Nominated vs Selected Subcontractors

Nominated vs Selected Subcontractors | AGORA AFRICA

Nominated vs Selected Subcontractors

Nominated vs Selected Subcontractors | AGORA AFRICA

By: Chanel Fos

Posted on: 15 March 2022

In the construction industry we have two types of subcontractor appointments, namely “Selected Subcontractor” (herein referred to as SSC) and “Nominated Subcontractor” (herein referred to as NSC), but only one standard JBCC Agreement to cover them both.

The Clause references listed below can be found in the JBCC Nominated and Selected Subcontract Agreement, Edition 6.2 – March 2018 (with the main focus being Clause 14 and Clause 15).

Who prepares the tender documentation and issues appointment, and what role does the Main Contractor have in this?

The Quantity Surveyor (herein referred to as QS) prepares the tender documents and calls for tenders, in the case of a NSC the Main Contractor does not have an impact on these documents, but he does have a say for the SSC tender documents. In both cases, the QS has to consult with the Main Contractor when scrutinising the tenders received, however the Main Contractor does not assist with the appointment of a NSC but may have an input on the SSC.

In both cases the QS is to inform the Main Contractor should any advance payments / deposits be required, where both NSC and SSC will have to provide a security for payment, called an Advance Payment Guarantee.

Clause references: Clause 14.1 and Clause 15.1.

When may a Main Contractor refuse to appoint a Subcontractor?

According to Clause 14.2 and Clause 15.2, the Main Contractor may refuse to appoint a Subcontractor where he has made a reasonable objection; where the Subcontractor refuses to comply with the tender requirements and refuses to enter into the Subcontract Agreement; where the Subcontractor fails, or is unable, to provide a form of security in terms of the Agreement.

If the Main Contractor’s refusal is valid, Clause 14.3 states that in the case of NSC the Principal Agent should nominate another Subcontractor and issue a contract instruction to the Main Contractor to appoint same. According to Clause 15.3 in the case of a SSC, the Principal Agent will consult with the Main Contractor and shall issue a contract instruction to the Main Contractor to appoint another Subcontractor.

What is the Main Contractor’s responsibility should the Subcontractor comply with all the tender requirements?

Clause 14.4 and Clause 15.4 states that the Main Contractor is to appoint the Subcontractor as a Nominated, or a Selected, Subcontractor and forward a signed copy of the signed Agreement to the Principal Agent, and he is to provide, within 15 (fifteen) working days, a guarantee for payment for the amount requested.

The Main Contractor will forward regular claims received from the Subcontractor to the Principal Agent / Professional Consultants and issue each Subcontractor with the payment advice and subcontract recovery statement included in the subcontract payment notification as received from the PA / Professional Consultants. He is to pay the amounts due to the Subcontractor as certified.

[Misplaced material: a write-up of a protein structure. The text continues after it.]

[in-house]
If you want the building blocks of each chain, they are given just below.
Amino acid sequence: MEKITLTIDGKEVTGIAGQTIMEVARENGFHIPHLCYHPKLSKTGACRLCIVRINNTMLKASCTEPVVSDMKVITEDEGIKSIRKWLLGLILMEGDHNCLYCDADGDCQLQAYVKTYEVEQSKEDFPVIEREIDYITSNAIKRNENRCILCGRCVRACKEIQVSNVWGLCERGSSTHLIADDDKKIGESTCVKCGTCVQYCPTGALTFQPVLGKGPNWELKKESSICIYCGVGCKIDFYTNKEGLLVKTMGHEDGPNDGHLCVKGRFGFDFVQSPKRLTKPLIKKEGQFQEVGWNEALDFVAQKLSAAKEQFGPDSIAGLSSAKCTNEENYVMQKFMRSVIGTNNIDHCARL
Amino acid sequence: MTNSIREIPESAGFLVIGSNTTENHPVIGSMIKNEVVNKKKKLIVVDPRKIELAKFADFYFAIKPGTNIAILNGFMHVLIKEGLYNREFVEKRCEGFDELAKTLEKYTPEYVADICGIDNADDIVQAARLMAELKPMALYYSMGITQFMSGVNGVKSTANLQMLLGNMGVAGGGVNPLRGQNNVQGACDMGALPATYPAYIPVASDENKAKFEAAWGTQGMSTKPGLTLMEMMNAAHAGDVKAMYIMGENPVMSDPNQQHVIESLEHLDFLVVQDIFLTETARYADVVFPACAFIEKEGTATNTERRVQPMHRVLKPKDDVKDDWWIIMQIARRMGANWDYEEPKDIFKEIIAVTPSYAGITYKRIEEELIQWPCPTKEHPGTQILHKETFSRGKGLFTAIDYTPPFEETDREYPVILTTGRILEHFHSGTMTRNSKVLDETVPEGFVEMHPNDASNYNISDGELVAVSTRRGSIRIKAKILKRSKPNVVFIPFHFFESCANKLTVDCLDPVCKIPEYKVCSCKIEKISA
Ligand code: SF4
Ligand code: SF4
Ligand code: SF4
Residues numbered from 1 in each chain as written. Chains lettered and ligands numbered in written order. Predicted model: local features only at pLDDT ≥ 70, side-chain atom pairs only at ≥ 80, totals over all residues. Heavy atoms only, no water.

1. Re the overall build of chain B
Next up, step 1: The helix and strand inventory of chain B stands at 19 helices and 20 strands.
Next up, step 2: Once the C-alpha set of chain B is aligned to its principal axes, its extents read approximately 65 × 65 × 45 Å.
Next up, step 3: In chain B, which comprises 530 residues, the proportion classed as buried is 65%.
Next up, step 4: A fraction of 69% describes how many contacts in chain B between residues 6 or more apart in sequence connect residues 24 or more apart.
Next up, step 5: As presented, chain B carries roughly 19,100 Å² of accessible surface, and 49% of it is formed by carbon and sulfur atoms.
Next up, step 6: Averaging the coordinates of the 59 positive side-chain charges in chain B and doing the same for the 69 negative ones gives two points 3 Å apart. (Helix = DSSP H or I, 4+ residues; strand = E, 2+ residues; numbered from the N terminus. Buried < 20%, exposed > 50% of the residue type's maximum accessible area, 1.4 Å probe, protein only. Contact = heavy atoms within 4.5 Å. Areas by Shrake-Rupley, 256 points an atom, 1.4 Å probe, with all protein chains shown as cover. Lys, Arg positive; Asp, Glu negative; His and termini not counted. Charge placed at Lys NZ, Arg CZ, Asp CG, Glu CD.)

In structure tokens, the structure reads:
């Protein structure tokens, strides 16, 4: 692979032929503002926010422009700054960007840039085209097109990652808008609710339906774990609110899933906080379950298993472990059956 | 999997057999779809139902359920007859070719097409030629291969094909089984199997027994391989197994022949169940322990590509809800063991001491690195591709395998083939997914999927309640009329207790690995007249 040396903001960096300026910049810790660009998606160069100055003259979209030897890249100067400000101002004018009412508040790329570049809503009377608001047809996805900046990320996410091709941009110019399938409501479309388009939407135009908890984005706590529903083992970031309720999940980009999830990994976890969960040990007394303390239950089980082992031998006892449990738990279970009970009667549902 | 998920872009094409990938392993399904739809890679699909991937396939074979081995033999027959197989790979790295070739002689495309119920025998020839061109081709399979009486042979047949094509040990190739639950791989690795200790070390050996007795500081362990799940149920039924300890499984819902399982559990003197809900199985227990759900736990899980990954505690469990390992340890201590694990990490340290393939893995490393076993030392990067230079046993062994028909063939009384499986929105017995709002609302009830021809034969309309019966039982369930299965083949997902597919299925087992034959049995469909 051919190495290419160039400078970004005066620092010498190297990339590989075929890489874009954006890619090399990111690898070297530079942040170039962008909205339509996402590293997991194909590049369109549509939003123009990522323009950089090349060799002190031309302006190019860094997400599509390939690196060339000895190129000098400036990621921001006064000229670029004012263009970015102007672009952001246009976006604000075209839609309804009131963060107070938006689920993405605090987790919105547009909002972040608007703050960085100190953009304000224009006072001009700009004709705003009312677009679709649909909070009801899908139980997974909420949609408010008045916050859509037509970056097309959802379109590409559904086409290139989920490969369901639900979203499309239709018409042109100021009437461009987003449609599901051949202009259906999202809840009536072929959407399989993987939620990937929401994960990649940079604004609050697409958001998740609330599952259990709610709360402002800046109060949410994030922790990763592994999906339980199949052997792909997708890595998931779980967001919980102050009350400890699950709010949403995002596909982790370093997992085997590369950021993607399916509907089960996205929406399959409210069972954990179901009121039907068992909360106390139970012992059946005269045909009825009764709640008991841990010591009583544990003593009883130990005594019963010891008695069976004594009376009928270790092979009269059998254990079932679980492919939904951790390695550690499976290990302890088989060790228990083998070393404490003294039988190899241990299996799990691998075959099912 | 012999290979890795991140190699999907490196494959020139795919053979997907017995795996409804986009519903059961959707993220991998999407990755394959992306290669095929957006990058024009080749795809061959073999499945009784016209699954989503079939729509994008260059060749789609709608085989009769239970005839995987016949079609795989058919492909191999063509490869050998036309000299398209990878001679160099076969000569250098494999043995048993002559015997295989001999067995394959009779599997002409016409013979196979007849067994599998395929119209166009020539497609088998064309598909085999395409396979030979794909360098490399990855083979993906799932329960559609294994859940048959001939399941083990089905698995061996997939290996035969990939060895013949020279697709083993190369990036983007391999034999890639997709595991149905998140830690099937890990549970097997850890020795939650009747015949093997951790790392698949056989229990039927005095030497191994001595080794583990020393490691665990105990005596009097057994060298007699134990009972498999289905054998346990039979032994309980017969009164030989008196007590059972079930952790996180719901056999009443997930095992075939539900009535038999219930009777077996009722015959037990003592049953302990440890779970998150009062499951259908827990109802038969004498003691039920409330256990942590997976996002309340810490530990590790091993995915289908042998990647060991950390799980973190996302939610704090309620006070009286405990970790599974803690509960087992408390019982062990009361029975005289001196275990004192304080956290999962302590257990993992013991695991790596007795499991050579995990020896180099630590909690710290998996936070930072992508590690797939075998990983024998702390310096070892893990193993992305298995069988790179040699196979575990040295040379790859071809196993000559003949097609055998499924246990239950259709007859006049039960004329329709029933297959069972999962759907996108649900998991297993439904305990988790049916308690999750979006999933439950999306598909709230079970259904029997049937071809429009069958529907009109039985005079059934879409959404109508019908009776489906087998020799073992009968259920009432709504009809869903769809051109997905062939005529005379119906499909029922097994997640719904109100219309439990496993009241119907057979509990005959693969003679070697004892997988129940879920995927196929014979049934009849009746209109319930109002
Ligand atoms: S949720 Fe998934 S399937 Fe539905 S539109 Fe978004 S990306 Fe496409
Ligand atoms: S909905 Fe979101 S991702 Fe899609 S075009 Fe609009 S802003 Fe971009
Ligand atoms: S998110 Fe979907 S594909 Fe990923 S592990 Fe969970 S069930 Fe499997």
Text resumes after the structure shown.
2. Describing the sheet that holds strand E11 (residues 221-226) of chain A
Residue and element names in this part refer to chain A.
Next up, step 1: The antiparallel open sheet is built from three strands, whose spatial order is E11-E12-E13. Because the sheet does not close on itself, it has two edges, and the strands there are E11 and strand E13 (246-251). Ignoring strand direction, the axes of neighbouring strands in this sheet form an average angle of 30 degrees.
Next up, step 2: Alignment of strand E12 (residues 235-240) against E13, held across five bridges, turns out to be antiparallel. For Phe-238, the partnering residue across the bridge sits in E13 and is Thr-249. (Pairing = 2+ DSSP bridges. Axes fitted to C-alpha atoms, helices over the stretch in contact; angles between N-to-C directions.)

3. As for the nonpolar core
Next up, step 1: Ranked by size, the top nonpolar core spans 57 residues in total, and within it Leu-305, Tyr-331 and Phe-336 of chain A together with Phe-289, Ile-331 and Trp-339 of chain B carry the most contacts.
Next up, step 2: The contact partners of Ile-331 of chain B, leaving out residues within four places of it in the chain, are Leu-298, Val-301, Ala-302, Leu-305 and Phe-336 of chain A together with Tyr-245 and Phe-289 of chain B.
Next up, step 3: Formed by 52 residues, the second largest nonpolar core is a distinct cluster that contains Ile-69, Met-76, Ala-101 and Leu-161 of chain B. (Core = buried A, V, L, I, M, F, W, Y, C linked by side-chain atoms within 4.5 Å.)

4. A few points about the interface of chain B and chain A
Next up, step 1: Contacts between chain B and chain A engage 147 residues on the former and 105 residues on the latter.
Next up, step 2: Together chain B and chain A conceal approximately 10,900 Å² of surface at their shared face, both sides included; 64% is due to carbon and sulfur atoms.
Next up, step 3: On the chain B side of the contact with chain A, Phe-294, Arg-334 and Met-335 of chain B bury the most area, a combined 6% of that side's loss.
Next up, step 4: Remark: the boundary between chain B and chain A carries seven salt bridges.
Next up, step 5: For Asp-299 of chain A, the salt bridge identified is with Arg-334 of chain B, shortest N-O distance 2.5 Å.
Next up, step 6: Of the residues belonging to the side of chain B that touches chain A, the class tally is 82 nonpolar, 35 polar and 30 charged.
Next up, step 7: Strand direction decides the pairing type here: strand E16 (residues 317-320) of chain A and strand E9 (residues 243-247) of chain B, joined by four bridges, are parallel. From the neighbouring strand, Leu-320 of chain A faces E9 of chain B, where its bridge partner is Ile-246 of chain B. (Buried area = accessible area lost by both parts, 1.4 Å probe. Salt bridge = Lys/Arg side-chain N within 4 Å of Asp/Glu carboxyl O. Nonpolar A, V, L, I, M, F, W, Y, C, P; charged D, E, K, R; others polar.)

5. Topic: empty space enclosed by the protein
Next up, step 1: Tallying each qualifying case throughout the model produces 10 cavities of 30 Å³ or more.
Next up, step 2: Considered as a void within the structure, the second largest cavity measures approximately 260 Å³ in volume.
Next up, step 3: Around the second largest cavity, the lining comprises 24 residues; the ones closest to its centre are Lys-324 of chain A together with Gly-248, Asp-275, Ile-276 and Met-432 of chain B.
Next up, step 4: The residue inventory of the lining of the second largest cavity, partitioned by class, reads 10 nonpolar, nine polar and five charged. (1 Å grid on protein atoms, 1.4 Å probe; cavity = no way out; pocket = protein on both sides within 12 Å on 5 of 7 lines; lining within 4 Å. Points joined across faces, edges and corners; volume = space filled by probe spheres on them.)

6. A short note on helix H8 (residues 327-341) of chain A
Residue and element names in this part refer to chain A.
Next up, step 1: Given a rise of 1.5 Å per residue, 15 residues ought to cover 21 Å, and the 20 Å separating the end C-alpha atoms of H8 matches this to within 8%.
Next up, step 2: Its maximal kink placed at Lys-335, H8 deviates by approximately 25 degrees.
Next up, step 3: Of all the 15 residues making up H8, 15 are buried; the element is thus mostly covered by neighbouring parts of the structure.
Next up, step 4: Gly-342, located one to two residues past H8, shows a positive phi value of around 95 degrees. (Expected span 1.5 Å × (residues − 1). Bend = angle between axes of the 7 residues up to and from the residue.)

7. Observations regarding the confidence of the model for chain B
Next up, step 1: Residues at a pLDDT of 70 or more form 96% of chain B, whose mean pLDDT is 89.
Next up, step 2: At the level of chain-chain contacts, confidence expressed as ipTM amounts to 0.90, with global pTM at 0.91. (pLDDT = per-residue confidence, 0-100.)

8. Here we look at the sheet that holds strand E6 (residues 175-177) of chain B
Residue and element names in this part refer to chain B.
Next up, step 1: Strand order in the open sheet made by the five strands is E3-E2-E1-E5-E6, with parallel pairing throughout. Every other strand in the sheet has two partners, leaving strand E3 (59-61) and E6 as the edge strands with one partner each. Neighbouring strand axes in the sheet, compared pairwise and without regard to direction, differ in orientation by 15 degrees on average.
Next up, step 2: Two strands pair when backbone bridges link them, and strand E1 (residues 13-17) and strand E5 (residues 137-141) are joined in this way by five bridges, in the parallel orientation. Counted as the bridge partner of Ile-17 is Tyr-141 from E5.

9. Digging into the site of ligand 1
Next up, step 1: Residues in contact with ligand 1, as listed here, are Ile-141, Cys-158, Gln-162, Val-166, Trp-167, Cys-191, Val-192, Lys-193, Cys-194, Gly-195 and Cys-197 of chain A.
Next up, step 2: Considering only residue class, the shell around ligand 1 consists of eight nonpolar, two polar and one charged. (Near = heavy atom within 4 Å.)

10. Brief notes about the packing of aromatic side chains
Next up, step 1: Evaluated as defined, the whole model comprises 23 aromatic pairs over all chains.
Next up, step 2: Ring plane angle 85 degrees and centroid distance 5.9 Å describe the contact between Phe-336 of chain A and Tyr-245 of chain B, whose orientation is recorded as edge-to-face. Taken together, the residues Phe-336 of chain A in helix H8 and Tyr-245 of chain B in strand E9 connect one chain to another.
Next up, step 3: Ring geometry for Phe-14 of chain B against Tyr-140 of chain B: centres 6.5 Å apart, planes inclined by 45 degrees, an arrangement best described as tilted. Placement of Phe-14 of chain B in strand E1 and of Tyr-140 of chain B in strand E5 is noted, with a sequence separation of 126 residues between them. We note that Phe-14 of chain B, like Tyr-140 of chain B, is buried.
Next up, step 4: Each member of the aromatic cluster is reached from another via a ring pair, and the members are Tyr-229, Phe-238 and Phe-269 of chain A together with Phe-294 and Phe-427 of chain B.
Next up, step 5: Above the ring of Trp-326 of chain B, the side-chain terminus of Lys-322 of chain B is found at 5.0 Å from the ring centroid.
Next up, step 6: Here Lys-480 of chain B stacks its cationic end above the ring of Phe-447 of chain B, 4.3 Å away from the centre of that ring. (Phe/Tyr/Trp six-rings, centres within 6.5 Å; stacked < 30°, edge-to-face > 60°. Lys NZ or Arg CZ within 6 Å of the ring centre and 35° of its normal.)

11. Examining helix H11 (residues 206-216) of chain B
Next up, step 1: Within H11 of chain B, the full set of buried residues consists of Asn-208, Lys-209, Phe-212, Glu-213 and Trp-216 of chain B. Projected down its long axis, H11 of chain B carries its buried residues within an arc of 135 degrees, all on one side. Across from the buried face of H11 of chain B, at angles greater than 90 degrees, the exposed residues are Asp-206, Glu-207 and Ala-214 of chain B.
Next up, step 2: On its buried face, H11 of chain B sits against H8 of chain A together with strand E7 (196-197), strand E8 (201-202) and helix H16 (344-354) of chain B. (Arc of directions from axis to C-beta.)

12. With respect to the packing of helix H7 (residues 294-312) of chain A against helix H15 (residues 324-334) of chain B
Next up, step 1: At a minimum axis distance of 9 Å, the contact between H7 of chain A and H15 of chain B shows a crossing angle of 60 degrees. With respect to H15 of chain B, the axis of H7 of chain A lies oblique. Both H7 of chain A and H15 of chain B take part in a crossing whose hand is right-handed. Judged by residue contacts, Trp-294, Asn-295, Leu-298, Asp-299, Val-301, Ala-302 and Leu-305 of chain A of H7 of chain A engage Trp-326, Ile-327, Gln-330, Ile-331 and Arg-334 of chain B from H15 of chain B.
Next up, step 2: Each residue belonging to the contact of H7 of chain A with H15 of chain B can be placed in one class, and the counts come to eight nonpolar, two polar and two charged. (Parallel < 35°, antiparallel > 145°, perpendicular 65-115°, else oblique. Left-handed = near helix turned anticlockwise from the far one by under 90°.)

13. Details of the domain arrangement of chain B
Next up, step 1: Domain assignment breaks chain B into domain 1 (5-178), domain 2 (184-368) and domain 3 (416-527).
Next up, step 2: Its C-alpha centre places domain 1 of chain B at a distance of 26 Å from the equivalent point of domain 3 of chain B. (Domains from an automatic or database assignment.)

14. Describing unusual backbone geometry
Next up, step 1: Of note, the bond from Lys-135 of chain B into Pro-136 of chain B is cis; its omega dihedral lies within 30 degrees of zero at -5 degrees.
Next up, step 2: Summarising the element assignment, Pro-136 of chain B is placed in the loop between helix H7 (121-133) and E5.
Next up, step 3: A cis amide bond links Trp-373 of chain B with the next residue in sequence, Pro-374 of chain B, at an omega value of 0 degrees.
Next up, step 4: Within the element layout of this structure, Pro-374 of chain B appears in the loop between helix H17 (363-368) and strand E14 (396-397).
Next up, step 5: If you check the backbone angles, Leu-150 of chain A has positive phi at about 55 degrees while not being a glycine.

How do you approach payments not made by the Main Contractor?

According to Clause 14.5 and Clause 15.5 the Main Contractor needs to provide the Subcontractor with a proof of payment within 5 (five) working days of receiving the payment notice from the Principal Agent (this time frame may be adjusted upon negotiation of the Subcontract Agreement).

Should the Main Contractor fail to provide the proof of payment, the client may instruct the Principal Agent to certify a direct payment to the Subcontractor and recover the same amount from the Main Contractor.

What happens when a Subcontractor is in default?

In the case of NSC, Clause 14.6 states that where the NSC is declared insolvent or is in default of the terms stated in the Subcontract Agreement, the Principal Agent is to instruct the Main Contractor to give notice to the Subcontractor to rectify the default. The NSC will have 5 (five) working days after receiving the notice to rectify such default. Should the NSC fail to rectify this default in the time frame, the Principal Agent may instruct the Main Contractor to terminate the Subcontract Agreement.

Whereas in the case of a SSC, Clause 15.6 states that where the SSC is in default of the terms stated in the Subcontract Agreement, it is merely the Mian Contractor’s decision whether or not to terminate.

What process is followed when terminating a Subcontract Agreement?

Clause 14.7 states that should the Agreement be terminated due to insolvency or default of the NSC, or default of the client, or default of any of the Professional Consultants, any variation in the cost required to complete the subcontract work will be for the account of the client. Should the Main Contractor be in default or become insolvent, any variation in cost to complete the subcontract works shall be for the account of the Main Contractor, and the client may recover any loss or expenses related hereto from the Main Contractor. The Principal Agent should instruct the Main Contractor to appoint another Subcontractor to complete the works.

According to Clause 15.7 in the case of a SSC, should the Subcontract Agreement be terminated due to the client or the Professional Consultants being in default, any cost related to completing the works shall be for the client’s account. Should the default be due to any other reason than the client or his consultants being in default, the cost for completion will be for the Main Contractor’s account. The Principal Agent is to instruct the Main Contractor to appoint another SSC to complete the works.

Who are the parties involved in the Subcontract Agreement?

In both cases, NSC and SSC, there is no privity of contract between the Subcontractor and the client, and the Subcontractor is appointed by the Main Contractor.